What Now

5 questions for integrating apps in the classroom.

GUEST COLUMN | by Karen Mahon

CREDIT Balefire LabsYou’re on a roll. You have new tablet devices in your classroom or school. You’ve learned how to use them. You’ve done your planning and have an Acceptable Use Policy. And, of course, you’ve selected some instructional apps that sound like they’ll be great for your students.

But now you’re confronted with actually implementing these apps. And you’re wondering, “What now?” These five questions will help get you started.

There aren’t too many perfect apps out there. However, that doesn’t mean you can’t still use them meaningfully.

  1. “What does this app teach my students to do?”

Never mind what the description in the app store says. Use the app yourself and describe what skills the app teaches. Pay no attention to what the students are expected to “understand” or “know.” Put an action verb in there! Does the app require students to spell words by sequencing letters correctly? Does it ask students to multiply single digit numbers and write, using a finger, the correct answer on the screen? Does it demand that students estimate angles by dragging onscreen lines? Write a sentence that describes that performance.

  1. “How have I been teaching this skill up to this point?”

Now that you’ve identified what skill the student should be able to perform by the time he or she finishes using this app, think about how you’ve been teaching this skill previously. What was your lesson plan? What were the resources that you used? How did you assess student work?

  1. “Which parts of what I’ve been teaching does this app replace?”

Here’s what we know for sure: it’s extremely unlikely that an app will replace your entire lesson plan. So review your lesson plan and see where the app fits in. Which parts can you drop now that you have the app? Which parts need to be tweaked if you include the app? Is there an additional part that you can now add because the app saves time or teaches something new that you hadn’t included before? No need to start from scratch—take what you’ve been doing and modify as needed.

  1. “This app isn’t exactly what I wanted. What can I do?”

There aren’t too many perfect apps out there. Many of them are missing some pretty important instructional design elements, such as error remediation or performance reports with actionable data. However, that doesn’t mean you can’t still use them meaningfully. Once you figure out what’s missing from an app, think about how you might offset its shortcomings by recruiting a student helper. For example, if an app is missing error remediation, might you have a less skilled learner “drive” the app and a more skilled student helper provide error remediation for mistakes? In the case of an app that does not include performance reports with actionable data, why not have a student helper observe the learner using the app and take data, using pencil and paper, on both the correct and incorrect answers given. By recruiting student helpers to augment the use of the app, you’re not only improving the experience for the learner who is using the app…you’re providing valuable learning opportunities for the student helper as well.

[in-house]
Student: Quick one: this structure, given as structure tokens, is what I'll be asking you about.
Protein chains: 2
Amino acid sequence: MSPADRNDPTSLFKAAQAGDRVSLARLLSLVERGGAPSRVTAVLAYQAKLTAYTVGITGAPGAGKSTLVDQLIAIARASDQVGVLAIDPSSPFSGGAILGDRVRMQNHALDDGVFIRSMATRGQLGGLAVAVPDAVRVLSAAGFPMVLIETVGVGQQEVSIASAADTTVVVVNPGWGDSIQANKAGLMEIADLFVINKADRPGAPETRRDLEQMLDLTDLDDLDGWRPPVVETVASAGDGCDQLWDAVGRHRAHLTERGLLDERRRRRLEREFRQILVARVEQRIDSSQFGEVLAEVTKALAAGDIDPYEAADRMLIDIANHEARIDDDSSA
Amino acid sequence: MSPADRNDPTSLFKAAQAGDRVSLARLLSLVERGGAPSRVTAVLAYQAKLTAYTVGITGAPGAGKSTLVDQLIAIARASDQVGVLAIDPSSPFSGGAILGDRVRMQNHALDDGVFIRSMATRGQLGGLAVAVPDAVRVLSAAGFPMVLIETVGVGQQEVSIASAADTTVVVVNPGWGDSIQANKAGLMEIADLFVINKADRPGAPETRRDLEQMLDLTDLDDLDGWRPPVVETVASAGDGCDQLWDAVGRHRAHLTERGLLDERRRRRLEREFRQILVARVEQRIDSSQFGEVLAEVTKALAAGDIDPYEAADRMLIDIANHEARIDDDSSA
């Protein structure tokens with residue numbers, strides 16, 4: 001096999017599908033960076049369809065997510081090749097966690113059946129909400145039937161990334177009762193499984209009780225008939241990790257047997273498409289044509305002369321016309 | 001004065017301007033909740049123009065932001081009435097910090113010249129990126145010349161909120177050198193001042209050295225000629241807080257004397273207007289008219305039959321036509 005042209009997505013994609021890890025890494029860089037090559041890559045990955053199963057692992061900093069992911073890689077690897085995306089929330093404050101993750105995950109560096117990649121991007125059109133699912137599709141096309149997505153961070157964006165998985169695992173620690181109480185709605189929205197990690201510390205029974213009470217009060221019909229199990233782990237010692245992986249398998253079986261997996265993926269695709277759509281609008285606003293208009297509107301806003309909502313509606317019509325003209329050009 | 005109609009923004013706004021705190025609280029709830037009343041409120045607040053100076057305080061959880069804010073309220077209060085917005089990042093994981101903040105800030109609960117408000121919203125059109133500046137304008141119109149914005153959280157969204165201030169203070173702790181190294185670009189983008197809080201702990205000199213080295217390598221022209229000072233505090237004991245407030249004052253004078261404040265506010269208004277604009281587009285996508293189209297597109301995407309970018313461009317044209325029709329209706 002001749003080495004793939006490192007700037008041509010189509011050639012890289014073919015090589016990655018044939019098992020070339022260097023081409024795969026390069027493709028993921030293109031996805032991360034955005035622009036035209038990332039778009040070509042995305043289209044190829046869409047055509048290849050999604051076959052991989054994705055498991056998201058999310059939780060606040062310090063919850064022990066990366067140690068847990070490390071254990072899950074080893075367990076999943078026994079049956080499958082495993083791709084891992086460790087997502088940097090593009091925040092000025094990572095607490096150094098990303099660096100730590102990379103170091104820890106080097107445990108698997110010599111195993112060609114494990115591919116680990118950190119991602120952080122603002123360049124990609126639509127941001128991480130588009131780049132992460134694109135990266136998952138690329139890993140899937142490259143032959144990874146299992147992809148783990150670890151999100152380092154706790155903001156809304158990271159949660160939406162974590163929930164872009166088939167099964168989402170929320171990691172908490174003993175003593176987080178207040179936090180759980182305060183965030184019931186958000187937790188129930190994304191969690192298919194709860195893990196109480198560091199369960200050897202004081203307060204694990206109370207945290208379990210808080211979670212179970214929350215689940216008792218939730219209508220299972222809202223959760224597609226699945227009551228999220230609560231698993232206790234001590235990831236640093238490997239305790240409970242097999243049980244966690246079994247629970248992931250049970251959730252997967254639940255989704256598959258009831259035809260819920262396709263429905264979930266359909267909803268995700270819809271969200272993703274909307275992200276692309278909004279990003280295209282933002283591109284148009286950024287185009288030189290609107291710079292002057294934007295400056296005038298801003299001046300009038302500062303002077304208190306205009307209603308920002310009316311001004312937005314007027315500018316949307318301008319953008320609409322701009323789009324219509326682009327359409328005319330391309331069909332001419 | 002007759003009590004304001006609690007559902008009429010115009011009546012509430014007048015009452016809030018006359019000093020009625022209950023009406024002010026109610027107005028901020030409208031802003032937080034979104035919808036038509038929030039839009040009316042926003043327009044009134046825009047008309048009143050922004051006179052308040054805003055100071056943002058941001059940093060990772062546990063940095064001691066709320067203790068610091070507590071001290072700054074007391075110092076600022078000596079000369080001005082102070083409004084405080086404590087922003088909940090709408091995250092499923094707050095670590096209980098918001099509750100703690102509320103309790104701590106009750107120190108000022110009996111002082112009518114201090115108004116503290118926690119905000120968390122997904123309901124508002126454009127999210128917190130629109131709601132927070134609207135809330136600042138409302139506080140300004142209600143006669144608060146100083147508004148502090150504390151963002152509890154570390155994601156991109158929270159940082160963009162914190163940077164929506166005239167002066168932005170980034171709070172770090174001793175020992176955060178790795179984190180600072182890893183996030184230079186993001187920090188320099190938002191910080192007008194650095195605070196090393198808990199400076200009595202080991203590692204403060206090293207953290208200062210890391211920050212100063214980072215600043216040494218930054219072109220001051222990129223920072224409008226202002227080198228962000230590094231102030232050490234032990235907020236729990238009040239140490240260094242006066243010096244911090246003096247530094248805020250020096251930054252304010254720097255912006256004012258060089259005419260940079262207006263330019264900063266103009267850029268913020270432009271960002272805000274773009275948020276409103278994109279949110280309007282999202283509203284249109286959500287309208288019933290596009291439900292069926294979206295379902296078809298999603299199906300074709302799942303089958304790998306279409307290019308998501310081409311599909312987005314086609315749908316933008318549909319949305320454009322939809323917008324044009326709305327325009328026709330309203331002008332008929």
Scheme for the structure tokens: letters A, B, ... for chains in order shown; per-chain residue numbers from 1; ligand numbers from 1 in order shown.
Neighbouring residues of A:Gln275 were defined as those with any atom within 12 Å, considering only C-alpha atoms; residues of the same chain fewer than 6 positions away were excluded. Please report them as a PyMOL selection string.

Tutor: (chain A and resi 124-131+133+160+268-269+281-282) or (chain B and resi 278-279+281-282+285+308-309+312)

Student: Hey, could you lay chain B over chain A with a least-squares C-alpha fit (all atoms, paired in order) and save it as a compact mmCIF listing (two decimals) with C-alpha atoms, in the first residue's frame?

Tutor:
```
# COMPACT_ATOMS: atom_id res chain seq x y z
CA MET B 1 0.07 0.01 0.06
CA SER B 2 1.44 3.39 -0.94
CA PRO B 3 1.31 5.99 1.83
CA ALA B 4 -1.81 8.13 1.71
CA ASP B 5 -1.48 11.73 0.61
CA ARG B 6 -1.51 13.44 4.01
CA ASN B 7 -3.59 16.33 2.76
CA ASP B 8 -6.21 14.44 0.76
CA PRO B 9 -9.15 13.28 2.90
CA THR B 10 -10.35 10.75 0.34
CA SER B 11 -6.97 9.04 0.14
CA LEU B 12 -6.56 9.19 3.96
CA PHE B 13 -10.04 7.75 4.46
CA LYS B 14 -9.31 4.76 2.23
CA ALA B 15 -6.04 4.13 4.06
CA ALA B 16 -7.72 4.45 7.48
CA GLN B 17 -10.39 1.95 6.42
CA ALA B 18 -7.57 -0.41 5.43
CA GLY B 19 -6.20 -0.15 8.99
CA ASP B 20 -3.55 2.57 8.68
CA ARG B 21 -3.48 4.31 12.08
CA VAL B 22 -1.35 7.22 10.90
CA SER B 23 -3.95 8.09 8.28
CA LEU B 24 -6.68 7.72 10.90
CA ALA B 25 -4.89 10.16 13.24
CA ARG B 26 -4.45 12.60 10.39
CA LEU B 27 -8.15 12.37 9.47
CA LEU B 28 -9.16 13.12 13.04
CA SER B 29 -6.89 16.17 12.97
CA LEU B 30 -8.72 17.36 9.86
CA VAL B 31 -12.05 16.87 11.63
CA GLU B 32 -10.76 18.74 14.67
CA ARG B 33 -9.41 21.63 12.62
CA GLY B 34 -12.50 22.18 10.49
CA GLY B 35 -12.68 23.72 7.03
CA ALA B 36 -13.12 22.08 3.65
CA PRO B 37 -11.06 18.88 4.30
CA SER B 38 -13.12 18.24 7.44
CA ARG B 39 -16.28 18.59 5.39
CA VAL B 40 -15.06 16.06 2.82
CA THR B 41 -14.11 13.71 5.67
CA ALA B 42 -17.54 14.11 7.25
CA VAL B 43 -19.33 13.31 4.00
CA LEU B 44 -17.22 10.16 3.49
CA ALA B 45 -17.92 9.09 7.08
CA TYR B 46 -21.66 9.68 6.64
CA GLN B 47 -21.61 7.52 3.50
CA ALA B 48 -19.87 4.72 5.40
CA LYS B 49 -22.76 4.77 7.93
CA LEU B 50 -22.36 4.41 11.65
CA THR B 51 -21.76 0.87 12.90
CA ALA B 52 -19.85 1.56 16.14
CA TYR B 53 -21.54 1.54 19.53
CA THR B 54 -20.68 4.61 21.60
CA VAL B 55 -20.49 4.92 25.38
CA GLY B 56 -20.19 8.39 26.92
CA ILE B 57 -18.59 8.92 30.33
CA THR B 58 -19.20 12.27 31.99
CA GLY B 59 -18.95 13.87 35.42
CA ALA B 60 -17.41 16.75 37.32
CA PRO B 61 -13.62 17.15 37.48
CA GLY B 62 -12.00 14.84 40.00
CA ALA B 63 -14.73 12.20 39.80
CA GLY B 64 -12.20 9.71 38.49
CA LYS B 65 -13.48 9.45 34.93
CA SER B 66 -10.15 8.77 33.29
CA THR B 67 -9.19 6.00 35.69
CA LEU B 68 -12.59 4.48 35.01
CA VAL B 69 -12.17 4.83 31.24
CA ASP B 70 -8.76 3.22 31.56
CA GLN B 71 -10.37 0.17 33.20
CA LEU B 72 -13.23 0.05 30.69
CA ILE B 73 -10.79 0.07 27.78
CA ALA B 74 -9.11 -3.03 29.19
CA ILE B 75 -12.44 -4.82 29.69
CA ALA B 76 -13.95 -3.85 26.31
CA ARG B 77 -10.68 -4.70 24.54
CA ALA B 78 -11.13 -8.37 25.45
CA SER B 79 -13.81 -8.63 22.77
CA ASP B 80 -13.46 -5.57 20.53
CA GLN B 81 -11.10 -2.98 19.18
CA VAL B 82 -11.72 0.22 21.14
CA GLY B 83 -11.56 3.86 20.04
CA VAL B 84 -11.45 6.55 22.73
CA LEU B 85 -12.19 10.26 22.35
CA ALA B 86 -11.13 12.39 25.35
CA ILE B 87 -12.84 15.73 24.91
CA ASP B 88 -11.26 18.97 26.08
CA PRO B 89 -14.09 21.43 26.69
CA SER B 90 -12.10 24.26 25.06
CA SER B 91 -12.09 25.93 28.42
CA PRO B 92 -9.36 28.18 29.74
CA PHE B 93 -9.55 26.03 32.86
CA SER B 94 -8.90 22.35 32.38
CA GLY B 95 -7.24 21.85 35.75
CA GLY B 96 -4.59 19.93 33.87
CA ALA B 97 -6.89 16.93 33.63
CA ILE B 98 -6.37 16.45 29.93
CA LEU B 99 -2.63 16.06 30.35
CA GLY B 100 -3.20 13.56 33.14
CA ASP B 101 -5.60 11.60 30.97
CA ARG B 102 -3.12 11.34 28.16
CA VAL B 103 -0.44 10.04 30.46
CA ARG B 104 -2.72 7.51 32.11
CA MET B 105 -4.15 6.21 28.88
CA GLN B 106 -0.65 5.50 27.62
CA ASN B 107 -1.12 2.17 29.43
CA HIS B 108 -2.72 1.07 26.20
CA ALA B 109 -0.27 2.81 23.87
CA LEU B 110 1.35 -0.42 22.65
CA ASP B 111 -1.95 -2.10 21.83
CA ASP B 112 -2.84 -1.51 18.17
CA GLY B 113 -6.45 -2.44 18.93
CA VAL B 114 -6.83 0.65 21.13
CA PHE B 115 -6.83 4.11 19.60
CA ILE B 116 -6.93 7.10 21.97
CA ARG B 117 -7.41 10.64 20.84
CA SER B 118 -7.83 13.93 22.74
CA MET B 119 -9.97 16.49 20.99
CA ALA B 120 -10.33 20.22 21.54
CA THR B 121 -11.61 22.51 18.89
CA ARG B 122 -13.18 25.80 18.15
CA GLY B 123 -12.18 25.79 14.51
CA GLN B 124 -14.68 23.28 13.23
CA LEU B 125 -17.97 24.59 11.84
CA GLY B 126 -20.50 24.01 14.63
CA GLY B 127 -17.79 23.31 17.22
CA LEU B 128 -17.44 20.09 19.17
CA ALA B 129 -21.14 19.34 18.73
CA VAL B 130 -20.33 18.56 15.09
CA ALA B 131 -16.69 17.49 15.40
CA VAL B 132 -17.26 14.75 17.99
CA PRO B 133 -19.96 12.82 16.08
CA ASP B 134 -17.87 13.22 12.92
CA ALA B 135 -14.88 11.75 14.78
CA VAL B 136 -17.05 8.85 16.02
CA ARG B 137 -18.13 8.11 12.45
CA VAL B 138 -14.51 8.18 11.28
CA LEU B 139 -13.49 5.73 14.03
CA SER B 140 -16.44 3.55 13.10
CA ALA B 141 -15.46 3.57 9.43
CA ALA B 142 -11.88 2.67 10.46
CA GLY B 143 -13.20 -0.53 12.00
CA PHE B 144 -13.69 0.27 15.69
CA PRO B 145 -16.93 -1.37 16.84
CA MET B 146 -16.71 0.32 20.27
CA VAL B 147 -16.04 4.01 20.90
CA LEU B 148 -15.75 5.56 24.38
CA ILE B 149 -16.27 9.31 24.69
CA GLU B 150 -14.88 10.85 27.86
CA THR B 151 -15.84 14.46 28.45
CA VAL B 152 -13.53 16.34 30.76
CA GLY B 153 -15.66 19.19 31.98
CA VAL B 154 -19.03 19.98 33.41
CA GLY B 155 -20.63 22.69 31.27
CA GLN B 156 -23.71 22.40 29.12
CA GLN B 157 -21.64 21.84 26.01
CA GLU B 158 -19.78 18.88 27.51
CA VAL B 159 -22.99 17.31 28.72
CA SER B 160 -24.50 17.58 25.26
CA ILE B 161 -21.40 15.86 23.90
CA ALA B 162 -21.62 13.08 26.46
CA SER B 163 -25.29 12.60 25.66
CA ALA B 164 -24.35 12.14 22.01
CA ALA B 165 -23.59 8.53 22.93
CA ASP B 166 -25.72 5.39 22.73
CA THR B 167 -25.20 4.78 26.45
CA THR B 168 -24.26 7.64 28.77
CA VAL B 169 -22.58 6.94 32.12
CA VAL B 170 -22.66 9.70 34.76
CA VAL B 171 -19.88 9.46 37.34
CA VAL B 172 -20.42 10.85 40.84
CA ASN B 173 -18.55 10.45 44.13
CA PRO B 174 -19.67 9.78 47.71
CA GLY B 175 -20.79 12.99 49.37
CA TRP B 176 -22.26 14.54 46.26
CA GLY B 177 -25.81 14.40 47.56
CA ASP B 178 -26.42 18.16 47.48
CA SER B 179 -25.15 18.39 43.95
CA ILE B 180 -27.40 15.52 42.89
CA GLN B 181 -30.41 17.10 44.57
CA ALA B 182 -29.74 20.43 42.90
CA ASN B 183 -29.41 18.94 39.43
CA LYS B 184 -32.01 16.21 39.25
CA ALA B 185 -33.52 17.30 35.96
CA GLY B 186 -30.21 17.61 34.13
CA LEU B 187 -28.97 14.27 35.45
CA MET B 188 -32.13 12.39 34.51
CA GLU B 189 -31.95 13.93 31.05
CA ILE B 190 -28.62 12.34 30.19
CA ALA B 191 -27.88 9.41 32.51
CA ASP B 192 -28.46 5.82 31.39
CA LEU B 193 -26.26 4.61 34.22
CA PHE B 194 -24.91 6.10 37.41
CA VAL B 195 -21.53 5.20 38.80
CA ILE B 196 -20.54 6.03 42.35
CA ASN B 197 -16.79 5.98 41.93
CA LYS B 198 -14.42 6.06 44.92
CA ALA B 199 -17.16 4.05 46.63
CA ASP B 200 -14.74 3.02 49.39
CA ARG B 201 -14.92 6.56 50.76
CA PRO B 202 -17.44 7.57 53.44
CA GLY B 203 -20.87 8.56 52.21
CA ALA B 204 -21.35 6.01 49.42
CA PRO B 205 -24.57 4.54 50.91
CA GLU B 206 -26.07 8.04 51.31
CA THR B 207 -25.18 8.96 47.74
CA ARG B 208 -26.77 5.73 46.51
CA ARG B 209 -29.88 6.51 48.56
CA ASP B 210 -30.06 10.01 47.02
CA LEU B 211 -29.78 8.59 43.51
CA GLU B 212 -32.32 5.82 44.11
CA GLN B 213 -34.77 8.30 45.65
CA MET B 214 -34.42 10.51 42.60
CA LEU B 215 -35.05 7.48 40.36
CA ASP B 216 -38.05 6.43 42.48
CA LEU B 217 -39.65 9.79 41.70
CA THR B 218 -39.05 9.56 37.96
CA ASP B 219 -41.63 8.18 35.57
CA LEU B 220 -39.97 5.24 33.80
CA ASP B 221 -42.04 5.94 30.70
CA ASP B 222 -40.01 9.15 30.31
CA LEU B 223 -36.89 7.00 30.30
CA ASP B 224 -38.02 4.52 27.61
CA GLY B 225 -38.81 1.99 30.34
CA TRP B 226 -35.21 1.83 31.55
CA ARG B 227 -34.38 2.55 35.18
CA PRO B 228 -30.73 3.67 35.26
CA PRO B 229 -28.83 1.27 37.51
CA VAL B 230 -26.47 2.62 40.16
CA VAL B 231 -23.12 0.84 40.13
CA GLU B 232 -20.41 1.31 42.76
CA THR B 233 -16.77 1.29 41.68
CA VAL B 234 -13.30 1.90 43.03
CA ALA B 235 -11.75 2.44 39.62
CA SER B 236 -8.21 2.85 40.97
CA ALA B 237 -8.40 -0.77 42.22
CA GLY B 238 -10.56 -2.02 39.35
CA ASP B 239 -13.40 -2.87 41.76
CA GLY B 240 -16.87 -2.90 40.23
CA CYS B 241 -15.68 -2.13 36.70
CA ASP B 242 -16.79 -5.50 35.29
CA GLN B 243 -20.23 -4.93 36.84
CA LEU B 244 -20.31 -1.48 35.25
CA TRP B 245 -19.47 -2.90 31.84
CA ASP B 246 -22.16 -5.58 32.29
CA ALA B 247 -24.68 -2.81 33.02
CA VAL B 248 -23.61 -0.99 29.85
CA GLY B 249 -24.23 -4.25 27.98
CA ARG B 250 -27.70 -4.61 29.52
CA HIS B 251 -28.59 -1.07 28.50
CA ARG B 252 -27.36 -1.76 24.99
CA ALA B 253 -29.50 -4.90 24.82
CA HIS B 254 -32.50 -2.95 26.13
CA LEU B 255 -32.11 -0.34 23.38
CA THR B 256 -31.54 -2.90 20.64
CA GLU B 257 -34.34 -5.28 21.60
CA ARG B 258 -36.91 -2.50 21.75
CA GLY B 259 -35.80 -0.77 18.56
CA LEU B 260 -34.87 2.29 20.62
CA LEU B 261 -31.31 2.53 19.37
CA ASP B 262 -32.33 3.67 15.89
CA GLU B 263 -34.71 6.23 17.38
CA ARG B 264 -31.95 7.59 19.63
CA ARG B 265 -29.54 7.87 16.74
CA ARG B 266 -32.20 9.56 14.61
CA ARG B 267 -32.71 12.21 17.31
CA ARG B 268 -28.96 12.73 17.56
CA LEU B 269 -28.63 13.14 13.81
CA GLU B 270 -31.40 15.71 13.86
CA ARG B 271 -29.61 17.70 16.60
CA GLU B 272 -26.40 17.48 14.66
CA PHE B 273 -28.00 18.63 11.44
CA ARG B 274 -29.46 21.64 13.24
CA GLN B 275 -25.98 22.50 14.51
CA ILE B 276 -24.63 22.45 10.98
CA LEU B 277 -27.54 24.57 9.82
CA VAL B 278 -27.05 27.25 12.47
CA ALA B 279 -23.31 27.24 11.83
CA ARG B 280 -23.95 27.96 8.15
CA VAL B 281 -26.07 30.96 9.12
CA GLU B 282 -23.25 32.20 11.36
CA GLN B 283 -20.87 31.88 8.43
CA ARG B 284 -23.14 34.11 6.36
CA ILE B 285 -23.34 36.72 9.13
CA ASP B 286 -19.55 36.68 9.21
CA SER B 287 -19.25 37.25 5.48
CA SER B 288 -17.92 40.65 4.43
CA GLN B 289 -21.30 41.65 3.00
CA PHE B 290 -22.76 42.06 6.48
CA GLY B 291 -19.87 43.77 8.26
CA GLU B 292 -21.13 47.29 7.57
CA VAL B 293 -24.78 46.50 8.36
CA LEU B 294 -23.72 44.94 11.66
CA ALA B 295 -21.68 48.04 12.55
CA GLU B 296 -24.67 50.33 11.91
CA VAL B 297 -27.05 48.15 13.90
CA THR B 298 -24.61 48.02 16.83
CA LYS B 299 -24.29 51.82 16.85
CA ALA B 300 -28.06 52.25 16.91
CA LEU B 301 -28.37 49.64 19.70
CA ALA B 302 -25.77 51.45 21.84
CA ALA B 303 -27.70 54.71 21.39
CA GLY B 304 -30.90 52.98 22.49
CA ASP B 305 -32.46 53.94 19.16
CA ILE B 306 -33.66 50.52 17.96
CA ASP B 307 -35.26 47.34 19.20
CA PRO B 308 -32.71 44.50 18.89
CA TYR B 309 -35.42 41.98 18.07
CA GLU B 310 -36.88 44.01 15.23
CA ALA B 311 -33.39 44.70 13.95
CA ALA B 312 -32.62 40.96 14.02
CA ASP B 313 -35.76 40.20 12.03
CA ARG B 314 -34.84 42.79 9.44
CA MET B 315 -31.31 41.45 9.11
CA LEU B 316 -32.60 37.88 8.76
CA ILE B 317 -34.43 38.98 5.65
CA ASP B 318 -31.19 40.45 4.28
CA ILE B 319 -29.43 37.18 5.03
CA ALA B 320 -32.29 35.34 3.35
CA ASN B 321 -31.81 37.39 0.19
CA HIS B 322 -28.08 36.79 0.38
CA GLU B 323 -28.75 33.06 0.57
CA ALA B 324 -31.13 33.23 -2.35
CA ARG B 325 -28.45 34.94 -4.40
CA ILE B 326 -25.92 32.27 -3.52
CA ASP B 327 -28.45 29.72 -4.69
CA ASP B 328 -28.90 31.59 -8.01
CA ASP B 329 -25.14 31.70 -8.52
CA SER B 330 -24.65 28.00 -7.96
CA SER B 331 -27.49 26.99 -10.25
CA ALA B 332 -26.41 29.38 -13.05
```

1. Using Apps in Different Instructional Arrangements

It’s still the case in the United States that the majority of classrooms do not have 1:1 tablet implementations. Unfortunately, this sometimes means that teachers restrict the use of apps to rewards and free time. But having a greater number of students than you do devices offers the chance to use apps in small groups. What if one student drives the app and the other four students in the group participate in other, related ways? Perhaps the app is one in which a learner must place historical events in order on a timeline. What if the other students in the group drew timelines with pencil and paper and made their own predictions of the order in which the events should go? Then, collectively, the students try out the predictions using the app? Or perhaps in an English Language Arts app the learner must match words to their parts of speech. The student driving the app could say their prediction out loud and the rest of the group could vote on whether they think the prediction is right or wrong.

The point is that with a little bit of creativity, we can come up with ideas to use apps in small groups, with every student participating meaningfully. Don’t let a shortage of mobile devices discourage you from jumping in and trying something new!

Karen L. Mahon, Ed.D., is the founder of Balefire Labs, an educational app review service for preK-12 that evaluates apps for instructional quality. To learn more about the integration of educational apps in the classroom, watch the free webinars with Karen, sponsored by the Center on Innovations in Learning at Temple University, now available On Demand on Balefire Labs’ Professional Development page.

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